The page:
Project title: Biodiversity, wellbeing and colour: wildflower genomics to inform the creation of new habitats
Supervisor: Dr Jose De Vega
My undergraduate degree was in Ecology, but, as a mature student, I have been involved in a wide variety of projects over the years. At the Royal Botanic Garden Kew I supported the Wet Tropics of Africa team, managing specimens and working on reports focussed on west African botany. For the Wildlife Conservation Society, I had the opportunity to lead a botanical survey of a gorilla reserve in Cameroon; and was subsequently able to use some of the same field skills in in the coffee region of Colombia and volunteering and fragmented forests of Guatemala amongst other places. In the UK I have volunteered for several of the Wildlife Trusts as well as the National Trust and British Trust for Conservation Volunteers. I am passionate about conservation and my main academic interest is in plant diversity and evolutionary which is why I am so excited about my PhD at the Earlham Institute.
To give some background to the present project, from November 2023 Biodiversity Net Gain (BNG) will require UK developers to offset damage to habitats by buying “biodiversity credits” from land managers, who are in effect receiving private capital to create new habitats as defined under the UK Habitat Classification (UKHab). UKHab defines habitats in terms of presence of native plant indicator species. This is expected to dramatically increase demand for commercial quantities of native wildflower seed. Because traditionally non-crop plant species are not included in UK seed marketing regulations, the wildflower seed industry is a black box in terms of seed quality, sourcing and production practices. We know from extensive research in crops that cultivation has lead to founder effects and genetic bottlenecks that have resulted in genotypes that are highly vulnerable to changes to environmental conditions such as those characteristic of climate change (heat, drought).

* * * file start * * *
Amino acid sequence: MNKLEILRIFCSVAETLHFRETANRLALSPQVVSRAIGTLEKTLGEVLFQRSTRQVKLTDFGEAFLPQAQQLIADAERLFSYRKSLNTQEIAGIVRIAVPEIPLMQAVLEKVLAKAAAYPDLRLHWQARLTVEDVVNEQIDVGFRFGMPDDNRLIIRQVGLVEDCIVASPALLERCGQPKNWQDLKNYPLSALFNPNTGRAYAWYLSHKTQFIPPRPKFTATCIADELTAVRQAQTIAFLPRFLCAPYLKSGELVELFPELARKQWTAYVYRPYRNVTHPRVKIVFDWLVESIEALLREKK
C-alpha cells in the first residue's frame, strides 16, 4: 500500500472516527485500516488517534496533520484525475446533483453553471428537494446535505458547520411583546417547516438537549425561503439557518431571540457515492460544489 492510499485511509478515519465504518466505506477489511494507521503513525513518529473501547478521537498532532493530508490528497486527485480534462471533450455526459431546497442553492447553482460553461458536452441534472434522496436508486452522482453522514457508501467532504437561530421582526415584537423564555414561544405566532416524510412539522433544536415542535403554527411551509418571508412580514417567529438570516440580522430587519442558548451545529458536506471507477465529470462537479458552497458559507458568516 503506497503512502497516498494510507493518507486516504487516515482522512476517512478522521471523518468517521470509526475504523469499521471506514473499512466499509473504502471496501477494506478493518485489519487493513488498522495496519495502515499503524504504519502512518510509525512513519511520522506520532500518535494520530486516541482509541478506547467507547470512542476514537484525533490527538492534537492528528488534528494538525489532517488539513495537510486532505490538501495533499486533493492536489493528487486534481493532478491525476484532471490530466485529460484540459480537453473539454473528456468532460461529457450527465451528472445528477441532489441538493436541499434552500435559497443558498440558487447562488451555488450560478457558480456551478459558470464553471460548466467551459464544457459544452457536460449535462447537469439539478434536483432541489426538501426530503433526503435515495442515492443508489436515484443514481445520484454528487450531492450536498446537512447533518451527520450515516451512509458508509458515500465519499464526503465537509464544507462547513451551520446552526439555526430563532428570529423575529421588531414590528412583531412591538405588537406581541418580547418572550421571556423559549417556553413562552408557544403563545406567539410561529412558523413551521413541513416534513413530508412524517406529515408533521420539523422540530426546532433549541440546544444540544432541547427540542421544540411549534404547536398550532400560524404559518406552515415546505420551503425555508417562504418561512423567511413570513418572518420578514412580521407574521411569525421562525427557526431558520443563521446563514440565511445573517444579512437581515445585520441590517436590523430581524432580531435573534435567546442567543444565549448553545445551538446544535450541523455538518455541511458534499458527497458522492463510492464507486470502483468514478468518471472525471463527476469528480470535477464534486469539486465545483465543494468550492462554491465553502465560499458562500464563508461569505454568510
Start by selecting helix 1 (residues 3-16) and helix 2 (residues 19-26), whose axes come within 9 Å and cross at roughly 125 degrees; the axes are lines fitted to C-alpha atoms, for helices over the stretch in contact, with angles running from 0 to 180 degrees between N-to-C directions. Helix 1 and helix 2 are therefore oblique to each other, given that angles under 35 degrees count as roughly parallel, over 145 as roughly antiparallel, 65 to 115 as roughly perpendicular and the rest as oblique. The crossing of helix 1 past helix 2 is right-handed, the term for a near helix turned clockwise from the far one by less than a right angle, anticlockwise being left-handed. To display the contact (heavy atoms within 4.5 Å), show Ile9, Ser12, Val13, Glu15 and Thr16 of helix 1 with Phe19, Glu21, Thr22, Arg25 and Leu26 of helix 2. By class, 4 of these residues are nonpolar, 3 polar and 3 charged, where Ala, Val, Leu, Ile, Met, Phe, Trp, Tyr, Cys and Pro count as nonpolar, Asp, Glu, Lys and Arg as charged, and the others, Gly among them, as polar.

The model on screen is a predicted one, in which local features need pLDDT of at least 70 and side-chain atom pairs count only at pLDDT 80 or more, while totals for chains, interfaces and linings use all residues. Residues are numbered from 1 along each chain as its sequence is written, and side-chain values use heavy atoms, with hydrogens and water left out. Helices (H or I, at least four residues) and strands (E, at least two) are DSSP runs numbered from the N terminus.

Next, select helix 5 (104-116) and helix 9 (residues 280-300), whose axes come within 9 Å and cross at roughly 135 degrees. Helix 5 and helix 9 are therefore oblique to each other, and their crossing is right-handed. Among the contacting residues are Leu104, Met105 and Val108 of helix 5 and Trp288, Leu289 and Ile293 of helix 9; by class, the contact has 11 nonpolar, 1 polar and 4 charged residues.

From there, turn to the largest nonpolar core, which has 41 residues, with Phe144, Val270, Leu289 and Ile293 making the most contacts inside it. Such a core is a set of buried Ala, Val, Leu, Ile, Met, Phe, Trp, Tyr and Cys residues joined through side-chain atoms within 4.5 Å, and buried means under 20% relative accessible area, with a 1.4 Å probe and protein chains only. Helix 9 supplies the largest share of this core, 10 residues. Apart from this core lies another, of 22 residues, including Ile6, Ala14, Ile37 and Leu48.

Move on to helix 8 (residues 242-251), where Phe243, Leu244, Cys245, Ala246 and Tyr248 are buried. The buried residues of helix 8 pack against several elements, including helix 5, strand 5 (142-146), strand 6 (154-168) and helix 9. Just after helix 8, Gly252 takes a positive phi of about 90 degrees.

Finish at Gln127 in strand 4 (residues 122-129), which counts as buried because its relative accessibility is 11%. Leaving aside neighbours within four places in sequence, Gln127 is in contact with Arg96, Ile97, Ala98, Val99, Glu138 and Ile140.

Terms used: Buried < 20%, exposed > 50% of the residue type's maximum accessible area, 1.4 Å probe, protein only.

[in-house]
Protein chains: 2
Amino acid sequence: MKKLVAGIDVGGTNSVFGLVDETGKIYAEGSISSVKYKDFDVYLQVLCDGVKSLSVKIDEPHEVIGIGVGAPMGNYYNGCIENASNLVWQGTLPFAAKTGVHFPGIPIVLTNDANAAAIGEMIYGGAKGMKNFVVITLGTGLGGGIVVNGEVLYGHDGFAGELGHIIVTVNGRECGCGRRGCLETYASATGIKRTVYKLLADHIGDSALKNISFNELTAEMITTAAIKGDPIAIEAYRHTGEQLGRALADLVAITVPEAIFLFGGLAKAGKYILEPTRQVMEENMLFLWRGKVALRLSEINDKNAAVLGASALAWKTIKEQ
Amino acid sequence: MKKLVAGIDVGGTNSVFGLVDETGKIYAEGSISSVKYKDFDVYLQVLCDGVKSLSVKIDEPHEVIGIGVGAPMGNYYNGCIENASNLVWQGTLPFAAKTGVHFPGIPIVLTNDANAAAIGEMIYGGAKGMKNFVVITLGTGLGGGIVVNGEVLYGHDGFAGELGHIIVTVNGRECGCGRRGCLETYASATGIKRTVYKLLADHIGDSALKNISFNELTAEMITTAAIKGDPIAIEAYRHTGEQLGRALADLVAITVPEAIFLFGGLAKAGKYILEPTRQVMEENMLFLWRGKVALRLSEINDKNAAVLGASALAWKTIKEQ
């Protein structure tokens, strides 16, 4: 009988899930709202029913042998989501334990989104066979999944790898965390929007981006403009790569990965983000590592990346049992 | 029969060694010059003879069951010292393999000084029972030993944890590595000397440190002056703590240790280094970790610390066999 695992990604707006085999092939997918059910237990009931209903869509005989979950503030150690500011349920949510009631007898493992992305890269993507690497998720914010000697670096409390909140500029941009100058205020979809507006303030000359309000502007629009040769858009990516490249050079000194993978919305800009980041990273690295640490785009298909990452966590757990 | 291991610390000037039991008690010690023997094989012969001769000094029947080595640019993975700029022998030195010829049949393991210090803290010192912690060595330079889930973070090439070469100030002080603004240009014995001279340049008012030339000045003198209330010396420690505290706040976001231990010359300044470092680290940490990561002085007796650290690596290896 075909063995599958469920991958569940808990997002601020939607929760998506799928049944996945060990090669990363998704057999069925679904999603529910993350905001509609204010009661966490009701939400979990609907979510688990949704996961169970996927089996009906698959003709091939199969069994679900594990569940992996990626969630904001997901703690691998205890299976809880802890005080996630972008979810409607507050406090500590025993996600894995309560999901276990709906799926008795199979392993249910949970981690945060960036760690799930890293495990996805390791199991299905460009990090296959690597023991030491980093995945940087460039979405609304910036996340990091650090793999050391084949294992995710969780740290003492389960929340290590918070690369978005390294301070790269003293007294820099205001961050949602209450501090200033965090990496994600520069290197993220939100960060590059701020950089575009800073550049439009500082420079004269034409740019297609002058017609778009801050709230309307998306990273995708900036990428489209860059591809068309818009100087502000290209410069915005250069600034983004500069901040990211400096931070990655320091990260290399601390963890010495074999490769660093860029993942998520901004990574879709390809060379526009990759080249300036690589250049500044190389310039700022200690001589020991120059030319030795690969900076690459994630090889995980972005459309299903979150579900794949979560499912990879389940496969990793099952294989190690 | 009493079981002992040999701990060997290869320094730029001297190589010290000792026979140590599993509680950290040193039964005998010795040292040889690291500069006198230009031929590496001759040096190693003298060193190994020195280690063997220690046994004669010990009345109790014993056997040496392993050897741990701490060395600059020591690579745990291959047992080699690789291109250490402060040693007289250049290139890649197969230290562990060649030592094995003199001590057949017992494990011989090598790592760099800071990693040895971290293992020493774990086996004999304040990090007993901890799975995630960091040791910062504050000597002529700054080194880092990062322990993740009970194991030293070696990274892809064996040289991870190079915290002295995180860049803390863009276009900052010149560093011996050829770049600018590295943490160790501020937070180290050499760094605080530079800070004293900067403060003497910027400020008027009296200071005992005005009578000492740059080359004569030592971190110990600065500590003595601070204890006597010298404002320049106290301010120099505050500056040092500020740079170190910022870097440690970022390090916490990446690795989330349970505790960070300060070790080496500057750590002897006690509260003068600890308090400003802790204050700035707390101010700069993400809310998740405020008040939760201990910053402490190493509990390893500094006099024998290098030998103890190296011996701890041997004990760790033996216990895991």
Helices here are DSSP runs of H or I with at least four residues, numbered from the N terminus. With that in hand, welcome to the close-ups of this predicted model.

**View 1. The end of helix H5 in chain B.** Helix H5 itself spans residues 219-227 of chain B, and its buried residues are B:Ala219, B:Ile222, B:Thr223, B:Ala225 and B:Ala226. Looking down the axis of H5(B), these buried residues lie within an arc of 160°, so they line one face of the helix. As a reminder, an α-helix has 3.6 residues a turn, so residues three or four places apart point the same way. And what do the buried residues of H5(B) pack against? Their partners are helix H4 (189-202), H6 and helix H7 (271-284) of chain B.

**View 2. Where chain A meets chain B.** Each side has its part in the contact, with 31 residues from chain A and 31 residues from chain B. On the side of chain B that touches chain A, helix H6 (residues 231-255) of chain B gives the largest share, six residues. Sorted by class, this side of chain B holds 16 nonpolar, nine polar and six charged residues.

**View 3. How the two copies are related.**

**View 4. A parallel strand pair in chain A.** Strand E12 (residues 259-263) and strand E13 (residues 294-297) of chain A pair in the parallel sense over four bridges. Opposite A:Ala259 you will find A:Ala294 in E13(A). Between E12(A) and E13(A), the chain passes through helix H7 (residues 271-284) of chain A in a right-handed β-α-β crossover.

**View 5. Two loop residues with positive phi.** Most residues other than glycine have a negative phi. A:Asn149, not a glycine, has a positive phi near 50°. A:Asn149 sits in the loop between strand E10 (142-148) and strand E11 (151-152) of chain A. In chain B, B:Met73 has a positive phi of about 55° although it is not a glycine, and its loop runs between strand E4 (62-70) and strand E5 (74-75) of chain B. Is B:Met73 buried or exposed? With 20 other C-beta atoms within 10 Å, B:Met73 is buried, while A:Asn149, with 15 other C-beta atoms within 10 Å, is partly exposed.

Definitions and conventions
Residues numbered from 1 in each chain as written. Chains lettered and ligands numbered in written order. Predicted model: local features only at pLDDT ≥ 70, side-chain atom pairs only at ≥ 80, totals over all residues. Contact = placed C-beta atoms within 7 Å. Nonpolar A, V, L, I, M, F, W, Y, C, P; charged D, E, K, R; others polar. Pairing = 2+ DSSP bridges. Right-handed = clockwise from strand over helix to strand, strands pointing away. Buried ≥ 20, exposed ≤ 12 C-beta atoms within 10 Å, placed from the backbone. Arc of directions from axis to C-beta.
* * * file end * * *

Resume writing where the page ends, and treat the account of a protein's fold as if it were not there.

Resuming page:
Working with the Eden Project National Wildflower Centre (NWC) my project aims to to characterise the wildflower seed production process and it’s effect on genotype, phenotype and population of key species. Beginning by sampling wildflower seed products from major UK suppliers, I will then identify bottlenecks and opportunities in the production process by sampling strategically at each stage of wildflower seed production; from wild source populations, through the bulking, drying and cleaning process and the final product. Later in the project I will aim to assess the effect of simulated climate scenarios on key genotypes identified along the way to understand that phenotypic and population fitness effects. Ultimately, the project will inform policy makers and industry leaders in how best to maintain genetic diversity and resilience in the wildflower ‘crop’ for the sustainable delivery of the UK’s biodiversity targets.